In the preceding parts of this short course, we took a critical look at what storytelling is all about and its importance to modern communication. In this concluding part, we would look at practical tips for effective storytelling.
According to a report on New York Times, before there was history, there was storytelling and the stories we tell provide us with the opportunity to know ourselves. The report also supports the notion that sharing a story with an audience is immensely rewarding for both business and personal brands. This is consistent with everything we have learnt so far in this short course.
In storytelling, you must bear in mind that what you say is as important as what you don’t say. The reality is that by saying one thing, you are not saying something else, so you must choose your words carefully to ensure that you are clearly communicating your message. To provide a better perspective, below are five (5) tips for effective storytelling:
- Discover your story
It is easy to neglect your story and vie off in search of something mysterious. In discovering your story, you need to look at the day-to-day events that you might be taking for granted. Most times, all you need to do is simply put those seemingly useless bits of information together into a story.
Your story is not far-fetched, it is simply the detailing of your business experience – the thoughts, the conversations, the actions and the results from your operations. Don’t look down on these details, it is your message. It might not resonate with everyone, but the right people would find it fascinating and connect with you.
Draw on the real-life examples from your operations so far to build a compelling story capable of driving your business goals. It is your story own it and be proud to share it.
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- Be clear about your core values
Core values define what is important to you and your business. These values are the things that separate you from the pile. In your storytelling efforts, it is important for you to clearly highlight these values.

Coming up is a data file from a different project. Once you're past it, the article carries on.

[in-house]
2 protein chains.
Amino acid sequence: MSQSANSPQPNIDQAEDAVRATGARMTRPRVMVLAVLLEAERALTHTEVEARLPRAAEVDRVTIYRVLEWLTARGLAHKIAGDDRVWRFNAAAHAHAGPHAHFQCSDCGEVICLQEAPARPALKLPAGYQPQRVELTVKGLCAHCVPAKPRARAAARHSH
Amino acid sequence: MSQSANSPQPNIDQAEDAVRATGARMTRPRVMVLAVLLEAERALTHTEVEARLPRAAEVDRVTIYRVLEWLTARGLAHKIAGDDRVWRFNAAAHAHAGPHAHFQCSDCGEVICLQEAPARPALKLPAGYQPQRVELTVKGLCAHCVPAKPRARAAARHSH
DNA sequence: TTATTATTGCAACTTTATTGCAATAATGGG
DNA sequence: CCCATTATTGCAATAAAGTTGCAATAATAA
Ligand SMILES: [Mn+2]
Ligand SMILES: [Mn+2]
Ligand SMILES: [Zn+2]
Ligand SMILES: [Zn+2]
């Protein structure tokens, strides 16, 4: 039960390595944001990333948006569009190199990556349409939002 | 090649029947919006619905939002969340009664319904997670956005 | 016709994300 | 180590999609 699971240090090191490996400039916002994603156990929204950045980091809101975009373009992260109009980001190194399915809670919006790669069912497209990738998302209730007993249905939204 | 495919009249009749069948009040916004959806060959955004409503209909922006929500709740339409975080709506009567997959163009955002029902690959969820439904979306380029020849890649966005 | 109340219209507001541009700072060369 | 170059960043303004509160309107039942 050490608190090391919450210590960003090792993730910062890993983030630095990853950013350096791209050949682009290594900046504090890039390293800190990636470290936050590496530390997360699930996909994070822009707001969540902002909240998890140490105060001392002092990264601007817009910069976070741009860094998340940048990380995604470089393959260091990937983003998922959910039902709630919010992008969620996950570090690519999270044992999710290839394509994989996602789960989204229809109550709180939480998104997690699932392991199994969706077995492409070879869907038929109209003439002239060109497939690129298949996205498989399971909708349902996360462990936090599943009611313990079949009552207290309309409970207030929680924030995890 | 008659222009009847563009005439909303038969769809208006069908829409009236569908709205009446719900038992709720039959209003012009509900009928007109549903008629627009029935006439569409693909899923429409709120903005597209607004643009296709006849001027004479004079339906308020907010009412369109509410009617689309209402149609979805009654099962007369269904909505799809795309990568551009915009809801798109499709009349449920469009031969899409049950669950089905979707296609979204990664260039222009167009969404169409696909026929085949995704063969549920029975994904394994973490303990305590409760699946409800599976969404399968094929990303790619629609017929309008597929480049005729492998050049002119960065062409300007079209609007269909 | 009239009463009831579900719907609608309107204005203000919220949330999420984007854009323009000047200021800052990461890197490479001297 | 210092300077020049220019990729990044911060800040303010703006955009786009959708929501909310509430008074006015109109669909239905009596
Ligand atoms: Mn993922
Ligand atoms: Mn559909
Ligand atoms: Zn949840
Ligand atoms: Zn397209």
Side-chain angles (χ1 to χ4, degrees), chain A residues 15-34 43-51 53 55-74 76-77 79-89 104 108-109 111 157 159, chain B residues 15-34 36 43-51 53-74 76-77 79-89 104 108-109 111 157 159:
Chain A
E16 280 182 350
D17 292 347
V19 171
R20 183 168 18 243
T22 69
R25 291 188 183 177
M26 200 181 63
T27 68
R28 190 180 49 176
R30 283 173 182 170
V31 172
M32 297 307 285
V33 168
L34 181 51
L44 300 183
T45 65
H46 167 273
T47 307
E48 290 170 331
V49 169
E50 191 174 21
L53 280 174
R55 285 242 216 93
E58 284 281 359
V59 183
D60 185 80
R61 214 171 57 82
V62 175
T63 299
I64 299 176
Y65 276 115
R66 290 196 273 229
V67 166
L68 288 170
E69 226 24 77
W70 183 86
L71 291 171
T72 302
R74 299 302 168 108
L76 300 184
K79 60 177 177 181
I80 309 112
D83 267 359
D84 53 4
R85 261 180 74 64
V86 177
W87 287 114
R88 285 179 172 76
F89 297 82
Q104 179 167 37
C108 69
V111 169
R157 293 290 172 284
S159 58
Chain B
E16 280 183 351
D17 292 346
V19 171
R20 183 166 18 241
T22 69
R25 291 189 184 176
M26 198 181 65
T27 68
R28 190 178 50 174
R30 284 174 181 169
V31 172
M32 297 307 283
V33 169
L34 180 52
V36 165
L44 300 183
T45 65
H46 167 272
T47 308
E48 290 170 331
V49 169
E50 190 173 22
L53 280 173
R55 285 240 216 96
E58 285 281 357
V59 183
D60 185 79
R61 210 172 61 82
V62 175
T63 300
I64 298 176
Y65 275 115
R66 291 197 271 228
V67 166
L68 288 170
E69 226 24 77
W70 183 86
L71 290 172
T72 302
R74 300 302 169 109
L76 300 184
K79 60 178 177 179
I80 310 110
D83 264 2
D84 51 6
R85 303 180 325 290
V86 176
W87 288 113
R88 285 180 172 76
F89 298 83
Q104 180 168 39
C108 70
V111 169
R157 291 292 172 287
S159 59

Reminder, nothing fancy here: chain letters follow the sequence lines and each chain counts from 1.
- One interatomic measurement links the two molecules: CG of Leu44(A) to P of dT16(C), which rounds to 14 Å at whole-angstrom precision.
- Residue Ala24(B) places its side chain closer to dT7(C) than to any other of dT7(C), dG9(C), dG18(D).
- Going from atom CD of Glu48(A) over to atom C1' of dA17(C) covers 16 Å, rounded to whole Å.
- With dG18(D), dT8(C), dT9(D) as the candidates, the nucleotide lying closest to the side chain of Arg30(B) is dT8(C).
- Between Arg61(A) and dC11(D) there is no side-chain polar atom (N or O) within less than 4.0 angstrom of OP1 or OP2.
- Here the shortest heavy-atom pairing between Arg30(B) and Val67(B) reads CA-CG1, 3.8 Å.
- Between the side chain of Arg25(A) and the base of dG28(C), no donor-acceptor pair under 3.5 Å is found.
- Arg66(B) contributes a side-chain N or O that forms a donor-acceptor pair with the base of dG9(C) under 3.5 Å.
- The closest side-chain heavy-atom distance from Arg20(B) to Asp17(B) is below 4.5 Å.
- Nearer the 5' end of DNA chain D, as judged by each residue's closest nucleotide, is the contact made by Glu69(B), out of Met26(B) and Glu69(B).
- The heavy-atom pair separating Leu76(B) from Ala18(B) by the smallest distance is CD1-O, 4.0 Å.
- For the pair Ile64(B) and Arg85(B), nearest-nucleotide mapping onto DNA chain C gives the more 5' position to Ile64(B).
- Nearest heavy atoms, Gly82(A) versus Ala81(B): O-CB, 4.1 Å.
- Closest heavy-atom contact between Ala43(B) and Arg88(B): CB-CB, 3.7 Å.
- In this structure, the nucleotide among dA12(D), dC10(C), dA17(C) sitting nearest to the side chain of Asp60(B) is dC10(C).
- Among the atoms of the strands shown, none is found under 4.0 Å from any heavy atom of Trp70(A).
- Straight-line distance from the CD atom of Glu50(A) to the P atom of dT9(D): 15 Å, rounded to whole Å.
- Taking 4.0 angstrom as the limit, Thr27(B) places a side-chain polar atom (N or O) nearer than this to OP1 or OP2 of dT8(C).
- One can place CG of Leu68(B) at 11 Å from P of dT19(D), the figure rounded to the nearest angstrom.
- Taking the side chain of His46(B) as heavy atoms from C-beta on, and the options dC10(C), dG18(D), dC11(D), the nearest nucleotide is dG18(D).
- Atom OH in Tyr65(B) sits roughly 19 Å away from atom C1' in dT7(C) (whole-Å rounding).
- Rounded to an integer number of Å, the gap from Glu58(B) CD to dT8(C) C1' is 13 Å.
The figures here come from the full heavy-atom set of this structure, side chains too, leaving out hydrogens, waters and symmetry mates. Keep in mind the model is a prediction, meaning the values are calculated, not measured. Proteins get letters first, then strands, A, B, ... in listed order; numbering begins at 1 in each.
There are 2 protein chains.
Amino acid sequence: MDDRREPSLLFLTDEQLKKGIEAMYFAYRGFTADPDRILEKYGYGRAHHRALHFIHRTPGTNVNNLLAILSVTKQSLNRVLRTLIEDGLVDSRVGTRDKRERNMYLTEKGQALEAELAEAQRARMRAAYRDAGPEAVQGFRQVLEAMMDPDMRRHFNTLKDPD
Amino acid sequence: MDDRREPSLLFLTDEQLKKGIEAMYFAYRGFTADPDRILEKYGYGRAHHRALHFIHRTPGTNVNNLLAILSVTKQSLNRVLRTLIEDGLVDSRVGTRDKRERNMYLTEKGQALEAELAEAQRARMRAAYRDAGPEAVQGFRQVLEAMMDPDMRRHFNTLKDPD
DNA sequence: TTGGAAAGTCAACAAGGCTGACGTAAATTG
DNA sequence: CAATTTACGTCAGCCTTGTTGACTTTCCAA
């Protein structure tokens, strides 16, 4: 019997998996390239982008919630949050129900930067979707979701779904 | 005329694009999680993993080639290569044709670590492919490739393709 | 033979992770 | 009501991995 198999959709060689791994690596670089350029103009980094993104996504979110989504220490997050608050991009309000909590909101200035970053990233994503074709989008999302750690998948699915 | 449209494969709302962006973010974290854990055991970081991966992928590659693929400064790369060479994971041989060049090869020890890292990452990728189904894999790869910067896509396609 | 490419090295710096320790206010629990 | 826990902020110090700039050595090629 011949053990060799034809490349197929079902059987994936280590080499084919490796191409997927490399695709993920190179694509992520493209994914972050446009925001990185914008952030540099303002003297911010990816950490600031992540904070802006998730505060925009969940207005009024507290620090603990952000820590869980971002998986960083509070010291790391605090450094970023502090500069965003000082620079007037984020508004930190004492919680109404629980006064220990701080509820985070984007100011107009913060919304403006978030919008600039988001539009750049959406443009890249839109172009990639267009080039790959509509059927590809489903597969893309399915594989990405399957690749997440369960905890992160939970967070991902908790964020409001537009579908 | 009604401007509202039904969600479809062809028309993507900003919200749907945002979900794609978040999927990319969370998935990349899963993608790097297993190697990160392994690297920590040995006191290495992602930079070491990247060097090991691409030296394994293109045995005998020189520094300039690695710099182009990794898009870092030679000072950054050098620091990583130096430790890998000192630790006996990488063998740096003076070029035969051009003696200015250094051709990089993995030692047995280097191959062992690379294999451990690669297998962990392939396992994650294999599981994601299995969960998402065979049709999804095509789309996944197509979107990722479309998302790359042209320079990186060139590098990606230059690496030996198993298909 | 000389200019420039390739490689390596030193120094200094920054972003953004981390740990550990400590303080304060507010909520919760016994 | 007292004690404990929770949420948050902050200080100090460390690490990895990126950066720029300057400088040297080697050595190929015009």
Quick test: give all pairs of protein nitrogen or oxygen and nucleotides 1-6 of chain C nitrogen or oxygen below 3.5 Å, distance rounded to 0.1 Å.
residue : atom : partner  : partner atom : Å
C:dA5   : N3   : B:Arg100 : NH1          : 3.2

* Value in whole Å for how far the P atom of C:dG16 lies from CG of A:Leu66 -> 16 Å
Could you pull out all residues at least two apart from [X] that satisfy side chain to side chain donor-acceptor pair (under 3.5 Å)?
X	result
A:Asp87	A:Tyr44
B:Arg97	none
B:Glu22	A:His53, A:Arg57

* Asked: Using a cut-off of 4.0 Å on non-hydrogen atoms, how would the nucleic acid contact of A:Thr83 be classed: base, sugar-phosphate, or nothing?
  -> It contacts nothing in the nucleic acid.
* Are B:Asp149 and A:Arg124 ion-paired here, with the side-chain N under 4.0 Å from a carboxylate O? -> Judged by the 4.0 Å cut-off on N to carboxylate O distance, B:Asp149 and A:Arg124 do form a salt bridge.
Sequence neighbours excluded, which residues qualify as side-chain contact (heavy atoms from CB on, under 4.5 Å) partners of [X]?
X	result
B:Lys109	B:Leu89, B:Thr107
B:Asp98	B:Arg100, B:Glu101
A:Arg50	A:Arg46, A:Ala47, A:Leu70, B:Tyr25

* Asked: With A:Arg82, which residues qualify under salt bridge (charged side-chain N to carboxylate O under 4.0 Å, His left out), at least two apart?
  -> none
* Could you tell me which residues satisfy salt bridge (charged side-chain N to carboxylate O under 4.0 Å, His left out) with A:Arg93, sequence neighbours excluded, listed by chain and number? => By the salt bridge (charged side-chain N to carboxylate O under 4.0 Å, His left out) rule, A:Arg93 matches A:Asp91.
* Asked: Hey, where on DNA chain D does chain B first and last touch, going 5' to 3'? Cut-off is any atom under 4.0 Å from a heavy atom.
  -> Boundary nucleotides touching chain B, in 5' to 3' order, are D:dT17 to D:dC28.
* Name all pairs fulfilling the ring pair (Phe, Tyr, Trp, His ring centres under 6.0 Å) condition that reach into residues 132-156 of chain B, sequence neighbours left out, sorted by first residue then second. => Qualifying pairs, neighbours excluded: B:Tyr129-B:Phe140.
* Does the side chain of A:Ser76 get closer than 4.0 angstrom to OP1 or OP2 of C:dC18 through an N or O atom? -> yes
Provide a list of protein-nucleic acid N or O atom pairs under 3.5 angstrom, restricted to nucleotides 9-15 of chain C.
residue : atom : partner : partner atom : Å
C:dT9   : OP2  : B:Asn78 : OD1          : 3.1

Don’t leave people in the dark as to what your core values are. As much as possible, create stories around your values. Work out how you are the best ahead of your competition and tell stories about that.
- Understand your target audience
Everyone is not your audience and not everyone would find your story interesting. Don’t waste time trying to adapt your story to an audience that has no business with what you or your business is offering. Understand who your target audience is and focus on telling them your story; these are the people that would engage with your story and take relevant actions.
For your story to appeal to your target audience, it must be addressing a need for them. If you have attempted to communicate your story before now or are active on social media, pay attention to the feedback from the people that have engaged with you to tell your story better.
- Use appropriate language
Don’t just use words, ensure you are using the right words. The right words, in this case, are not just industry jargons, but the words your audience use for their day-to-day communication. The reason you should use these words is for visibility. When your audience go online to search, they are searching with their own choice of words; to be found, you need to use their words.
Whatever format you decide to use for your storytelling, make it easily digestible, accessible and shareable. Your storytelling should not be hidden. You can use your story as a hook to get people interested in your products or services, not the other way around.
- Make your conclusion epic
Like every good story, yours should have an epic ending. Your conclusion can mar your entire story. In writing your conclusion, your focus should be on giving people a reason to want more. Your conclusion should be emotional enough to lead people to your landing page or whatever you want them to do next.
Give them an active role in the story. If you have told them why you started your business, you can end with telling them to buy your product to satisfy their need. But never end without a call-to-action or next steps.
Give your audience something to do, it could be in form of asking for feedback, comment on your social media or request for them to share your story; but always leave a role for your audience.
According to Nick Morgan, as reported on Harvard Business Review, “in our information-saturated age, business leaders won’t be heard unless they’re telling stories”. No matter who you are or what you do, storytelling is able to amplify your voice. Never assume that your story is not worth telling. We have created this storytelling course to help you get started or take your storytelling to the next level. Do you have a story to share? Once upon a time is always a good place to start.
See about: YOUR BUSINESS NEEDS OUR SERVICES